There’s a quick guide to the Fourth Doctor on the generally excellent BBC America website: ‘Doctor Who’: A Companion To The Fourth Doctor. It makes a few good points, but I’ve been thinking structurally. I’ll give a thumbnail view of the previous incarnations then hone in on the contribution of the Fourth Doctor. I’m ignoring time in role and excellent companions, this is just about the impact on the show’s DNA.
The Doctors so far
In the roughest of outlines, we’ve had:
- First Doctor: the TARDIS, companions, Daleks, pure historicals and regeneration
- Second Doctor: had to embed regeneration, brought some memorable new aliens and took us back to the Time Lords, opening up Gallifrey as a setting
- Third Doctor: the embedding of UNIT, the Master and the trapped on Earth / Quatermass feeling.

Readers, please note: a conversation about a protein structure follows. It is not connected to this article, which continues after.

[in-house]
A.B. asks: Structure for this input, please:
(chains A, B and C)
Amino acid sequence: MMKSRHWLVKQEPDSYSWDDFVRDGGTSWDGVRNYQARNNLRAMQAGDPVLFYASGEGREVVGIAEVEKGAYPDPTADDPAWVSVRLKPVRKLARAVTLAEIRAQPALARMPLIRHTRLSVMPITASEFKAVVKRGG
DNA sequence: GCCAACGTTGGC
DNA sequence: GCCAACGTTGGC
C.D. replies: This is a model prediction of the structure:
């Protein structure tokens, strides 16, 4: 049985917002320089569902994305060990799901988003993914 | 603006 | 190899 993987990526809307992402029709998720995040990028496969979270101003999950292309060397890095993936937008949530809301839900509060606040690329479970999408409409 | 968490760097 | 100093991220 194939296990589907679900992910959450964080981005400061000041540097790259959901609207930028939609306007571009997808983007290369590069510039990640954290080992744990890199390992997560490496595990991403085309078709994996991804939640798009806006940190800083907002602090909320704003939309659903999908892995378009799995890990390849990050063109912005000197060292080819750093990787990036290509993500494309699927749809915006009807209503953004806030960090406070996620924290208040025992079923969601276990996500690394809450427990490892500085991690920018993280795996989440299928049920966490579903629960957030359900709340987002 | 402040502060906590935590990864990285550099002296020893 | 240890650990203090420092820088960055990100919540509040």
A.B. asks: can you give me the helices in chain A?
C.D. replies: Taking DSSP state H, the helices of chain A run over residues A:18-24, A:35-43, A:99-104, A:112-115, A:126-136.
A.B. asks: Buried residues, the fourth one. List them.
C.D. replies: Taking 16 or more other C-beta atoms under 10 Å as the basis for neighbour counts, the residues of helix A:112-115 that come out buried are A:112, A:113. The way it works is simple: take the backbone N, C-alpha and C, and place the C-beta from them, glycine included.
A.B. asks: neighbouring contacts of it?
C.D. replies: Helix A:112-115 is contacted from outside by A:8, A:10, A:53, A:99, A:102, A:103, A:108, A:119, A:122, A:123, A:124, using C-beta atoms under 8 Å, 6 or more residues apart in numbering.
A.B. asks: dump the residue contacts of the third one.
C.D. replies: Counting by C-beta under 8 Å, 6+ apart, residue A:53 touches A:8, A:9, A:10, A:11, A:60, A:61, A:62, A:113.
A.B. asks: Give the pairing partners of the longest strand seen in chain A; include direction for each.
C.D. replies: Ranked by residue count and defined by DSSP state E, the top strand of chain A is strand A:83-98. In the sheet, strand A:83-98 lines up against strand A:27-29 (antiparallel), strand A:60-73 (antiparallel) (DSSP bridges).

The Arc in Time
The sub-heading rather gives it away: my thesis is the Fourth Doctor really brought us the series arc. We’d had long themed stories before (mostly with Daleks), but this is something different, and something we’d not see again until the Sixth Doctor comes along (so you’ll have to wait for later in the year if your local time coordinates match mine when I write this (April 2019)).
The first Tom Baker series has stories set on and around Nerva. It’s a framing location but not an arc beyond that. It is a platform (in many senses) but not an active idea like Bad Wolf or the Trial of the Timelord.
Skip a few series and we get this set of stories in series 16:
- The Ribos Operation
- The Pirate Planet
- The Stones of Blood
- The Androids of Tara
- The Power of Kroll
- The Armageddon Factor.
Yes, it’s the Key to Time, White and Black Guardians and Romana, the first Gallifrey Companion since Susan. Unlike more modern arcs, this one is direct, clearly shaping and a good framing idea. Graham Williams deserves plenty of credit for this, so much so I can feel another Key to Time post coming on;-)
Between September 1978 and February 1978 we had 26 weeks dedicated to one great story, perhaps the last great Doctor Who story of the 1970s. Well, until City of Death!